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Sikh heritage discussed at Pakistan museum conference

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LAHORE – The three day International Heritage and Museum Conference yesterday ended on the note of utilising the potential of heritage sites and museums in Pakistan and possible joint ventures to save the heritage.

The last day included practical workshops for the participants on photographing, visual documentation and digital story telling techniques.
A large number of people attended three day conference.
There were 20 foreign delegates and 40 national experts who participated in the conference.

The conference was held by the Walled City of Lahore Authority in collaboration with the British Council in Pakistan.

British Council Director Kevin McLaven said that the first joint venture with the Walled City of Lahore Authority went successful.“We had a good and interactive audience on all the days of the conference and this shows how much interest the younger lot is taking in heritage and museums of Pakistan. It was an informative conference and we got to know many new things.”

The members of the first International Heritage and Museum Conference in Lahore were taken to the Smadhi of Maharaja Ranjeet Singh for a tour on the second day of the conference. The members had many Sikh delegates. Jasdeep Singh of National Army Museum Chelsea told The Nation that his tour to the museums showed him how well kept is the Sikh religious places in Pakistan. “Visiting this site was a pleasure for me as I belong to this community.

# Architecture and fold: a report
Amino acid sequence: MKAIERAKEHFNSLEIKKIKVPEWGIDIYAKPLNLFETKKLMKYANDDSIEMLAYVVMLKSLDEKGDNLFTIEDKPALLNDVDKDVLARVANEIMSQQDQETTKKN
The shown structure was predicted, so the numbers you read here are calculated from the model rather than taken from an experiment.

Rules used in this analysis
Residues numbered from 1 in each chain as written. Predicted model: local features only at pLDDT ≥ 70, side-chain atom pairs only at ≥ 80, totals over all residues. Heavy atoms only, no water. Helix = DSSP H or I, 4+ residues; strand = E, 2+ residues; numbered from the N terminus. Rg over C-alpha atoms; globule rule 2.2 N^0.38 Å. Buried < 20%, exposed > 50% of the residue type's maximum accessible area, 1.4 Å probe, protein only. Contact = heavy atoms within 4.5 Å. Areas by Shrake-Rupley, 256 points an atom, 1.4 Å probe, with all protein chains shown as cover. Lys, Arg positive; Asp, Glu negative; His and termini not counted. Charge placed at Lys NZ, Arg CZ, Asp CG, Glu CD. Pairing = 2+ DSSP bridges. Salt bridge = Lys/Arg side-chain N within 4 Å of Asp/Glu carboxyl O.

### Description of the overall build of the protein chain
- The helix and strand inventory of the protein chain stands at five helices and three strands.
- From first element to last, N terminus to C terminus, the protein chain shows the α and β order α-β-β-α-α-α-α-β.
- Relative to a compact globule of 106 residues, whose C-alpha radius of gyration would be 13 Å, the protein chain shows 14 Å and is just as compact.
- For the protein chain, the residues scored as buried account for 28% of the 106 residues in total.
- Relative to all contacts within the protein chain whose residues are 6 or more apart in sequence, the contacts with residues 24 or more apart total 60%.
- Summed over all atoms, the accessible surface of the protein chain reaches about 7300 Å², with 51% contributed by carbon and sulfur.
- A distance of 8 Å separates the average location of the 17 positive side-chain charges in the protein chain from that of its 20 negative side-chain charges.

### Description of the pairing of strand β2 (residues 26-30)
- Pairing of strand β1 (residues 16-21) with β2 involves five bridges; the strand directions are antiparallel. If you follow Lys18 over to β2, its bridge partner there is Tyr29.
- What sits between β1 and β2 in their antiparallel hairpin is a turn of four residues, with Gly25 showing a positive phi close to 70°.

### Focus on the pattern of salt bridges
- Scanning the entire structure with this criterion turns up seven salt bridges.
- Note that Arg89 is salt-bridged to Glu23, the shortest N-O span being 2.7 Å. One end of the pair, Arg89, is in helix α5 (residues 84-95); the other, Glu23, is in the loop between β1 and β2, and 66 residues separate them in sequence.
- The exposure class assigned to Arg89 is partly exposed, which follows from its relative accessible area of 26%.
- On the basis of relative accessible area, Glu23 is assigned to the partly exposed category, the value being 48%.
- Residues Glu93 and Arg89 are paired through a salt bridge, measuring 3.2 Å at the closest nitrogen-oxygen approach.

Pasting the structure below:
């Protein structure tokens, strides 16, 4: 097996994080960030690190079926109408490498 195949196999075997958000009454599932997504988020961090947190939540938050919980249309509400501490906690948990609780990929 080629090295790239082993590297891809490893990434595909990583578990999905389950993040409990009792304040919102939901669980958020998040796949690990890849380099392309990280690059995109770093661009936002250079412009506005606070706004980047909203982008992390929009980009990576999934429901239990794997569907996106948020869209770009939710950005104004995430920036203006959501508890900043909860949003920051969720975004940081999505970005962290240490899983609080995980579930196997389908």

In my opinion Sikh tourism must be promoted here so that more and more Yatrees can benefit by visiting this place,” he added.

Friederike Voigt of National Museums Scotland said that her research paper was on the subject of faith and heritage with great emphasis on Sikh Heritage. She was also among delegation who visited the Sikh Museum in Lahore Fort. “This place was of great information to me and I liked the way the tourist guides had described it to all the delegates,” Voigt told The Nation.

WCLA Director General Kamran Lashari said that they wanted to showcase the religious harmony in Pakistan and this was the best example where we have a mosque next to smadhi. He hoped that the visits of foreign delegates to the heritage sites of Lahore will shed away the negative and rigid image of Pakistan.

Rebecca Bridgman of Birmingham Museums commented that she sees a lot of potential for museums in Pakistan and she really enjoyed the visits to the heritage sites, “I hope these are preserved more effectively.”

Joanne Orr of Museums and Galleries Scotland, addressing panel discussion, said that her experience coming to Pakistan was great. “I had not known that Pakistan is such a rich country in terms of museums and heritage.”

Published in The Nation newspaper on 04-Sep-2016

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